Members from the Senate’s “gang of six” budget negotiating group are slated to meet Wednesday morning with the Joint Committee for Deficit Reduction as the panel continues to push up against a November deadline for identifying $1.2 trillion in cuts.
Each of the six is tentatively scheduled to address the full panel for five minutes, followed by a discussion. Given the complicated and delicate nature of budget talks, lawmakers almost certainly would need an official referee to keep to those time constraints.
When asked how much he could do with such a short amount of time, Coburn, who returned to the Capitol today for votes after a brief absence to recover from an operation to treat prostate cancer, quipped that a few minutes would be plenty.
“I can do a lot in five minutes,” Coburn said. “I can embarrass the hell out of ’em.”
The details of the super committee’s closed-door proceedings and progress have been closely guarded, and the exact purpose of Wednesday’s meeting was unclear. Sources close to the panel indicated that there had been some early discussion of holding a public hearing with the gang of six but that it had fallen to the wayside.
Throughout the course of this fall’s negotiations, the super committee’s Democrats have insisted that any deal include revenues, while Republicans believe that entitlement reform should be on the table.
The revenue-entitlement tension has developed into the most played-out storyline in Washington, and revenues have been the Achilles’ heel of nearly every budget negotiation this year, from the gang of six, to a group led by Vice President Joseph Biden, to the multiple talks between President Barack Obama and Speaker John Boehner (R-Ohio.).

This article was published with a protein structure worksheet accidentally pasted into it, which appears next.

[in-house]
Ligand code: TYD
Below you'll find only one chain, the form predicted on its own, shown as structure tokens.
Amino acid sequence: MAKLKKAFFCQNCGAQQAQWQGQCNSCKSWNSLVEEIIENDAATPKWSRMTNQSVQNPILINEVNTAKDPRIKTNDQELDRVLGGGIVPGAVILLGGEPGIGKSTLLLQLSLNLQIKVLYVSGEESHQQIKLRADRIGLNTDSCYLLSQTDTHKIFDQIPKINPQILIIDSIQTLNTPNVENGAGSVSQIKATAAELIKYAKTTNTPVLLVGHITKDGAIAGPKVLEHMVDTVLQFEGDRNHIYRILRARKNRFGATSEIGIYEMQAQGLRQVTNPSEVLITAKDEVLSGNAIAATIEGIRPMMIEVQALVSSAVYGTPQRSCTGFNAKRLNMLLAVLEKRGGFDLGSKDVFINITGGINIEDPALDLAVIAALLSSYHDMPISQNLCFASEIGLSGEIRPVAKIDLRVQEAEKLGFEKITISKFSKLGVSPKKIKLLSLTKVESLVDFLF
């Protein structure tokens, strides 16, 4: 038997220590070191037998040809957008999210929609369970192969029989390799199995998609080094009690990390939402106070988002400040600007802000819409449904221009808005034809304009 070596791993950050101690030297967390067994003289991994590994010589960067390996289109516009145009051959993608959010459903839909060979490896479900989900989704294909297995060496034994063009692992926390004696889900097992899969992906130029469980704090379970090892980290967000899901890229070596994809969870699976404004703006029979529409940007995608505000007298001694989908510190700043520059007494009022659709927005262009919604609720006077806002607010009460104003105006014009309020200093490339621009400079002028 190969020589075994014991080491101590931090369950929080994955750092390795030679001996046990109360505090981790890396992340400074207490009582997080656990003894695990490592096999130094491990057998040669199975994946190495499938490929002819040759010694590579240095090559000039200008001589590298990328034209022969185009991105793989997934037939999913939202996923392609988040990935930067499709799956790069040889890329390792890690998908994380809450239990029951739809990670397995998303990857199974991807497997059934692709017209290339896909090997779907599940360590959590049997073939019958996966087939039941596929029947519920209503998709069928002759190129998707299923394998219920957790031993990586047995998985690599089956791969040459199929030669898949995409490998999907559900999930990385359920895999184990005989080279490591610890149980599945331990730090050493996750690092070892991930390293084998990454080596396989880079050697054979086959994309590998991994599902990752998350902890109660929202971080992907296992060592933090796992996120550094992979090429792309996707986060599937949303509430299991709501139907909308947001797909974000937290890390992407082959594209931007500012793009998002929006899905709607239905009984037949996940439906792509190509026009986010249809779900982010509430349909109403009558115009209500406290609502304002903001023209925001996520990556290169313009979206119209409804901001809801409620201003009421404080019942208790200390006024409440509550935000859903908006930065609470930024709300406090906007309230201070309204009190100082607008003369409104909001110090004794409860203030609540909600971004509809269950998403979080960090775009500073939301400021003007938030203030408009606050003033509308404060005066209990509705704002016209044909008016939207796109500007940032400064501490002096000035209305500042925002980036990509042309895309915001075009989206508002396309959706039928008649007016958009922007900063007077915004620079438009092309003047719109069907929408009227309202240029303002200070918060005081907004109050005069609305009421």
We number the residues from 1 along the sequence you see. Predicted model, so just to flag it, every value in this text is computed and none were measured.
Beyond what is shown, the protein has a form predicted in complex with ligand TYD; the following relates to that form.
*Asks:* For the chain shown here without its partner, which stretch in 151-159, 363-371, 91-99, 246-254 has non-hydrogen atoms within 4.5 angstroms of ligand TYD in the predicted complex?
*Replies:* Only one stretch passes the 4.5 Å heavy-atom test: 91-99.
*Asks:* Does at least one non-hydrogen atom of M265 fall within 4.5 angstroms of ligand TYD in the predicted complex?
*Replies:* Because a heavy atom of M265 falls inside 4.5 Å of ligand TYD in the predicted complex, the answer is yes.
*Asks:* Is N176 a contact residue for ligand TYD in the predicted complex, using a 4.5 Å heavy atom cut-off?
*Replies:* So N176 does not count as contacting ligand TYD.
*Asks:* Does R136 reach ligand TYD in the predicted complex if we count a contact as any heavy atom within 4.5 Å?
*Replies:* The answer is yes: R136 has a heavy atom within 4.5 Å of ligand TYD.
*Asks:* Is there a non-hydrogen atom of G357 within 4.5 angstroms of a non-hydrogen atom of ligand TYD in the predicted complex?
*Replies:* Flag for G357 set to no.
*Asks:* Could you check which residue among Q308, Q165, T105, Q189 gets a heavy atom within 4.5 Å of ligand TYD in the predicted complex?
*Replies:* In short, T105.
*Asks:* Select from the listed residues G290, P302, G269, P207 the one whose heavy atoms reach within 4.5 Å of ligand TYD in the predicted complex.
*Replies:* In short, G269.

As the super committee members and staffers have been extraordinarily tight-lipped about their work, it is uncertain that progress has been made in bridging these perpetual policy gaps.
But the re-emergence of the gang of six — especially of Coburn, who has taken a stand in favor of tax code reform, and Durbin, who has expressed willingness to tackle entitlement reform — could serve as a reminder to super committee members that some lawmakers are willing to compromise.
Lois Lerner, director of exempt organizations for the IRS, arrives for a House Oversight and Government Reform Committee hearing on the investigation of the IRS' targeting of political groups. Lerner invoked her Fifth Amendment right to not testify and caused a protest from some committee members when she offered an opening statement and engaged in dialogue with members before invoking the right.
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